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By Joseph Wallace, M. A.
of the Springfield Bar
The S. J. Clarke Publishing Co., Chicago, IL


Page 688

FIELDEN G. DAVIS , the well-known and popular proprietor of the Commercial Hotel of Springfield, is a worthy representative of an honored pioneer family of this section of the state. He was born near Smith's Grove, in Warren county, Kentucky, on the 24th of July, 1828, a son of William M. and Susanna (Beams) Davis, who were natives of Green county, that state, and were natives of Green county, that state, and were of Irish and Welsh descent, though their ancestors came to America many generations ago. Both families were large and influential and the Beams are now widely scattered over the south. One of their number married an Indian girl of the Sac tribe soon after the Revolutionary war, and they have many descendants now living in Indian Territory and Oklahoma. Our subject's paternal grandfather was a native of Culpepper county, Virginia, and was the father of fourteen children, seven sons and seven daughters, all of whom reached years of maturity. Most of the number came to Illinois and settled in Sangamon county, near Salem, the old home of President Lincoln. They were all landowners, rich and influential. The grandfather of our subject located here in 1830, when the population of Springfield did not exceed fifty and Indians were still quite numerous in this locality. He was living here during the memorable winter of the "deep snow" (1830-31), when the snow fell for forty days, though it was not very cold, and was followed by the spring of "high waters." Our subject's mother had three sisters and one brother, the latter being William Beams, who married Mahala Hall, of Decatur, who was a cousin of Abraham Lincoln.

Mr. Davis, of this review, was quite small when he accompanied his parents on their removal to this state and here he was reared amidst pioneer scenes, being educated at home by his own hard study - a wonderful example of perseverance and strenuous living. In 1850 he married Miss Hannah A. Shepherd, who died June 23, 1850, leaving three daughters, but only one of the number is now living, Mrs. Ruth Morris, of Petersburg, Illinois. In 1870 he was again married, his second union being with Miss Mickey E. Hohimer, a native of Menard county, Illinois, whose parents came from Kentucky. By this marriage seven children were born, those still living being: William I., an iron bridgeman, engaged in structural work; Fred, at home; Mrs. Dora Armbruster, whose husband is an electrician of Springfield; and Edgar, at home.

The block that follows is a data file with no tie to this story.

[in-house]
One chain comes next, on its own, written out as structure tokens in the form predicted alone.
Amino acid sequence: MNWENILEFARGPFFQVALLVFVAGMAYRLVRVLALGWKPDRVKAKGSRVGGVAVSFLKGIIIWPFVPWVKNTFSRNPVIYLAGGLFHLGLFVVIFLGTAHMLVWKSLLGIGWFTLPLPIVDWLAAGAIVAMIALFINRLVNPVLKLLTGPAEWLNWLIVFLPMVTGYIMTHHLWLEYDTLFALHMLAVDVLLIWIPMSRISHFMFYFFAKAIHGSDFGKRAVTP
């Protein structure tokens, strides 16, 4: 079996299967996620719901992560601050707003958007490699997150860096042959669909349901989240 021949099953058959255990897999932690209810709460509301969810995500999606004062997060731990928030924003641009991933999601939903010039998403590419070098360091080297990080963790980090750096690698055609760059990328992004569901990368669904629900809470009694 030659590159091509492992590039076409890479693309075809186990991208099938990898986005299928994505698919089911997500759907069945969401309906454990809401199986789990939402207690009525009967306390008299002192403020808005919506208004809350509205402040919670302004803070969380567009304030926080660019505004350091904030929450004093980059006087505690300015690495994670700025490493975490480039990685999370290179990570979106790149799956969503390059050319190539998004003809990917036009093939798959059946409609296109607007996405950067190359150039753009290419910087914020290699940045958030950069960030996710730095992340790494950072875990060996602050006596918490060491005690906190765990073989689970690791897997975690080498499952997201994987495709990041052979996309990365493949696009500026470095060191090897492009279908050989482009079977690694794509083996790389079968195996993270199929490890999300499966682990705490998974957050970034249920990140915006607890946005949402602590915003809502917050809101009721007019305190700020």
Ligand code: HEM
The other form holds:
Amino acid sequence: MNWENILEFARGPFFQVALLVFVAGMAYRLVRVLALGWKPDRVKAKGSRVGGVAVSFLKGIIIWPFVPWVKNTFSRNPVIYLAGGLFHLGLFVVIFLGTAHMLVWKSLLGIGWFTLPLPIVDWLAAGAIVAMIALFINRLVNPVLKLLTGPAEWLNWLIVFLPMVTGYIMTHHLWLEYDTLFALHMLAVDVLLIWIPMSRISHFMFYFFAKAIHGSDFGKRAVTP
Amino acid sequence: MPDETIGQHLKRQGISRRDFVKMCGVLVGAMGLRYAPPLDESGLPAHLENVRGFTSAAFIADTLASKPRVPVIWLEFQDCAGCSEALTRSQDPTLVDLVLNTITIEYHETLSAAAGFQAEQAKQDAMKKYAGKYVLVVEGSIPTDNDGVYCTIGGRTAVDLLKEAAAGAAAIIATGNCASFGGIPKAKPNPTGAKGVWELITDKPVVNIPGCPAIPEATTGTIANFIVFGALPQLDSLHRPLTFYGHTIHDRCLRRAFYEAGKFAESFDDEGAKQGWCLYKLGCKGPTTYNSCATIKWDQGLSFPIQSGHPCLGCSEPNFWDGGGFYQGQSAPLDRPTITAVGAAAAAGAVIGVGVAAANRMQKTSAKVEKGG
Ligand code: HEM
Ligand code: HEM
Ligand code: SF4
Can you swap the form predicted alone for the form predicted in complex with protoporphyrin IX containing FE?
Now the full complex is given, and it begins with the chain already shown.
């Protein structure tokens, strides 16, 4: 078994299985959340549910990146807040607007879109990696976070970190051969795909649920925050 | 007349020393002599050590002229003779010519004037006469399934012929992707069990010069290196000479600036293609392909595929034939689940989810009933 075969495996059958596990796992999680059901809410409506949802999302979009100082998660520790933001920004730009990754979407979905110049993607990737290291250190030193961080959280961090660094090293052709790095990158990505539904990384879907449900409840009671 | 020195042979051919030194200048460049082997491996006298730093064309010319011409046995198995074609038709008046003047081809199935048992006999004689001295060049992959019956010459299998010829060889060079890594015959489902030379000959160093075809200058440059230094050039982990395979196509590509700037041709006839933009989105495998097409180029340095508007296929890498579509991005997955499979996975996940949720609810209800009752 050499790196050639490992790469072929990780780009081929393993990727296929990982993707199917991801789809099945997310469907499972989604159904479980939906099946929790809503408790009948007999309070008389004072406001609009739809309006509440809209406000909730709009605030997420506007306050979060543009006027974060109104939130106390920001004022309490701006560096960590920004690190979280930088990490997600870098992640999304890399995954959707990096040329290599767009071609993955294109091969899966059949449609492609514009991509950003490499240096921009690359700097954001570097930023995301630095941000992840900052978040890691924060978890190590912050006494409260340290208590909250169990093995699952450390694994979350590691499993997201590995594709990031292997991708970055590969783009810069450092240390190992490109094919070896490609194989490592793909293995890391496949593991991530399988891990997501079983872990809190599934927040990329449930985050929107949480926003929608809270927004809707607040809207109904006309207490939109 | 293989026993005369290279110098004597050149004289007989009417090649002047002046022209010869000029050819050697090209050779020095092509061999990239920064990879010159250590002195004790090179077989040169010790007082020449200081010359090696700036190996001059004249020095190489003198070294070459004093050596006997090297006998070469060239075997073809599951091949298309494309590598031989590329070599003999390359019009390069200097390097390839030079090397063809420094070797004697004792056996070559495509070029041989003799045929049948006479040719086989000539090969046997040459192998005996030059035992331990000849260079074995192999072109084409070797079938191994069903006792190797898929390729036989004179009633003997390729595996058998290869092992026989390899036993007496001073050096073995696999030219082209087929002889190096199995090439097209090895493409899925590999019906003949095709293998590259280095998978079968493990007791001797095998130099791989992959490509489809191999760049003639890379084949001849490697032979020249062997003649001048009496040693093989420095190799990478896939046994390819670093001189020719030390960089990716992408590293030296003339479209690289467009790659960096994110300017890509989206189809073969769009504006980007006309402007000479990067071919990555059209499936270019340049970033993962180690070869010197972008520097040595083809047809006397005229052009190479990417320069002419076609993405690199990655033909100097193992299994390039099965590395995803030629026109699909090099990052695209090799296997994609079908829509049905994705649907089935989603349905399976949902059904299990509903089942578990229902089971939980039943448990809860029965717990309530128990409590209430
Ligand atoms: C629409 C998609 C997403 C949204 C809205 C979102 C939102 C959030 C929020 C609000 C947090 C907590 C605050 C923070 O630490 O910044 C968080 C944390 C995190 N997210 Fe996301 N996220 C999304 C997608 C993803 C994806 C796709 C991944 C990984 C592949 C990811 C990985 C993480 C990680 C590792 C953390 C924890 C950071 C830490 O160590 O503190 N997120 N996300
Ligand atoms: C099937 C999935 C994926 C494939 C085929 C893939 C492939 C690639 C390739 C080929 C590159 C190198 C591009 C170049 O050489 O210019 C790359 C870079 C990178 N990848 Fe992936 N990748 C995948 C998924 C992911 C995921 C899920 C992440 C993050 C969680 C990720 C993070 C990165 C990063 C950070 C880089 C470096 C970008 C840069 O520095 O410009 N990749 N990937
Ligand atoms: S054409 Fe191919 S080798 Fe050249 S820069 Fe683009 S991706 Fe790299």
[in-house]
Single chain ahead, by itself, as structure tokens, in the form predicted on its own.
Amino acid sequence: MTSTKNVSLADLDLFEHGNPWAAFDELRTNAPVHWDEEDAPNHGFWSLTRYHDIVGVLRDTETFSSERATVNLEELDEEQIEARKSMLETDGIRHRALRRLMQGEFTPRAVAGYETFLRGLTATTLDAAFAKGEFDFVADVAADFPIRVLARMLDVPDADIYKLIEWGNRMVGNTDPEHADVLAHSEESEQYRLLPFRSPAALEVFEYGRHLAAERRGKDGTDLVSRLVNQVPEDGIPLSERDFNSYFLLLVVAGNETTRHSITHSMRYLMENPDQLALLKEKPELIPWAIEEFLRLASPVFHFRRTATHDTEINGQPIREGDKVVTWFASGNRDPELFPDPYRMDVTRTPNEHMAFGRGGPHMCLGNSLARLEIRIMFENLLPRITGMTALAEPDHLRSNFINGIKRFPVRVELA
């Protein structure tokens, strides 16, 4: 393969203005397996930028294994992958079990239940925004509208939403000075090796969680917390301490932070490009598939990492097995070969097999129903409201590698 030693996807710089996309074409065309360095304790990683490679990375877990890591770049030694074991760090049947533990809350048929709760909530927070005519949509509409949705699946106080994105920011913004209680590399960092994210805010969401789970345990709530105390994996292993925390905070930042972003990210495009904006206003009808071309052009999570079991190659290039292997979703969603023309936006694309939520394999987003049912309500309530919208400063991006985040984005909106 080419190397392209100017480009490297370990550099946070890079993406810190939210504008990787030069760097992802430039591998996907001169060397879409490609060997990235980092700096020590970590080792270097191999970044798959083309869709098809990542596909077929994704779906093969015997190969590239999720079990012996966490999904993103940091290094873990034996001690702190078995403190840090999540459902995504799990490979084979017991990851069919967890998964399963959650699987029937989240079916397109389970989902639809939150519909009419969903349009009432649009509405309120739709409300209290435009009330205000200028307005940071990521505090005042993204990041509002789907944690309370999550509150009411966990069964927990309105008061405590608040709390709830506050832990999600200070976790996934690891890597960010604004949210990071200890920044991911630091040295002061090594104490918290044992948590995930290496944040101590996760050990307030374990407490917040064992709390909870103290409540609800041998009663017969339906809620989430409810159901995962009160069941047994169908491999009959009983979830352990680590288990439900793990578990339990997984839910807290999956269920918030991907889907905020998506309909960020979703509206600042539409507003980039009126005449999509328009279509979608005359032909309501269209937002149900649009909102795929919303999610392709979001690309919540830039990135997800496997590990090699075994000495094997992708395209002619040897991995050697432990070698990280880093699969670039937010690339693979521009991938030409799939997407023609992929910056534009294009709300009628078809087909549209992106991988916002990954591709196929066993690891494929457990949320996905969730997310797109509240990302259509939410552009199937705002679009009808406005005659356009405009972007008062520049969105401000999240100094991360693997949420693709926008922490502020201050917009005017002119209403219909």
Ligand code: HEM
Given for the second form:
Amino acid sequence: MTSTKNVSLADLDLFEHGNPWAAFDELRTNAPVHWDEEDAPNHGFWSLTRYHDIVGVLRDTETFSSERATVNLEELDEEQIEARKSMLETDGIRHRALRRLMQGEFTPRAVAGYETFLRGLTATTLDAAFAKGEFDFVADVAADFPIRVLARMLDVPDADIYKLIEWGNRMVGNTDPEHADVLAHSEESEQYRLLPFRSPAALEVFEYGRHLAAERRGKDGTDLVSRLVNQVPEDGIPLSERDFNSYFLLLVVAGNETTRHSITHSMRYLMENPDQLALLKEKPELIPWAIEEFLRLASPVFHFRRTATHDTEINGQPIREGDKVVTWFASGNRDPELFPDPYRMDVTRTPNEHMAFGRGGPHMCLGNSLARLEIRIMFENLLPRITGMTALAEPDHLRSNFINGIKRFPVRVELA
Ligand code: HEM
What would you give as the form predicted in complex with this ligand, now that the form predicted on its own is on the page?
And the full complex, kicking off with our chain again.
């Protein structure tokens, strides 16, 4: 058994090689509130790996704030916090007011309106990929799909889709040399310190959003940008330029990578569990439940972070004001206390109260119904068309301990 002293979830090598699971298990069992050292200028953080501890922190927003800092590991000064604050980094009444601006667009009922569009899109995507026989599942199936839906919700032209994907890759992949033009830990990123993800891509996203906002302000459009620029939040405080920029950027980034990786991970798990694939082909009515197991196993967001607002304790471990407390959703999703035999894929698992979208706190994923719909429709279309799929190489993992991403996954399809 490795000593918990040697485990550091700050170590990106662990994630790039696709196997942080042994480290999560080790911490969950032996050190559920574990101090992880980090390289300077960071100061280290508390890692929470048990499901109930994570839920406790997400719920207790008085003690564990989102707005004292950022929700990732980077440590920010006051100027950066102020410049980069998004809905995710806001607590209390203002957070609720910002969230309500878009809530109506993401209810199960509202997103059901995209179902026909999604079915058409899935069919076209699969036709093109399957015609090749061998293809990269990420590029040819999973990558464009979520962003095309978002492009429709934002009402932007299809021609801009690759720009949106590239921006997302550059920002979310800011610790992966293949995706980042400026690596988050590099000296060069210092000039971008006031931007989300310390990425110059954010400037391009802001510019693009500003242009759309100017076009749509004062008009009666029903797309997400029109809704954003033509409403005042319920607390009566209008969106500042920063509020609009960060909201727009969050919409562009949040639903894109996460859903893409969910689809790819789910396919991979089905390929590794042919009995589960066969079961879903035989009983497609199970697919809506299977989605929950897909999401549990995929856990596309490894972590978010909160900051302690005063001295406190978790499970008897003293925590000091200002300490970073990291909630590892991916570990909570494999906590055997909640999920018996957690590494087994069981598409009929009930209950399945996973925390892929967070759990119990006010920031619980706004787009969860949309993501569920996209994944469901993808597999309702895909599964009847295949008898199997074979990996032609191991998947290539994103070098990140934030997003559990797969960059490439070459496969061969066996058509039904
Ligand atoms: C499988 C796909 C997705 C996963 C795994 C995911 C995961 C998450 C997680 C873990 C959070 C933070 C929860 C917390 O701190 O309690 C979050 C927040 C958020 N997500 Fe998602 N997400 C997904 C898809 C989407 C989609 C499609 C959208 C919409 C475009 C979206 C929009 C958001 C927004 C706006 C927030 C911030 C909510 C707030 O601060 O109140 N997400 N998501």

Mr. Davis' first work was on a farm, and he later followed the brick and stonemason's and plasterer's trades for some years. Subsequently he became very much interested in political affairs and was called upon to fill a number of official positions of honor and trust in Menard county, serving his fellow citizens well and acceptably in various capacities. In 1878 he embarked in the hotel business in Petersburg, and in August, 1887, came to Springfield with his family, continuing in the hotel business here. For the past nine years he has been proprietor of the Commercial Hotel at the corner of Jefferson and Third streets, which under his management has become a favorite resort with the traveling public, so that he now receives a liberal patronage.

In early days the Davis, Hohimer and Lincoln families were on very friendly terms, meeting often in a social way, as they lived in the same neighborhood, and our subject can relate many interesting anecdotes of the martyred president. He also has many stories to relate of Frank Phillips, the painter and whittler, Judge Douglas, Colonel Baker, Major Thomas L. Harris and others, whom he often met in years long gone by. In addition to his own children he reared and educated William Davis, now a prosperous merchant of Menard county; Mary Watkins, now Mrs. Kennedy, who is living with her family in Mason county; and Ellen Overby, a resident of Springfield. Mr. Davis has always been a very energetic and philanthropic citizen, and has done much to promote the welfare of those around him. He has lived amid the most stirring events in our country's history, and possessing a good memory he can tell many fascinating stories of early men and affairs, which make him a popular conversationalist.

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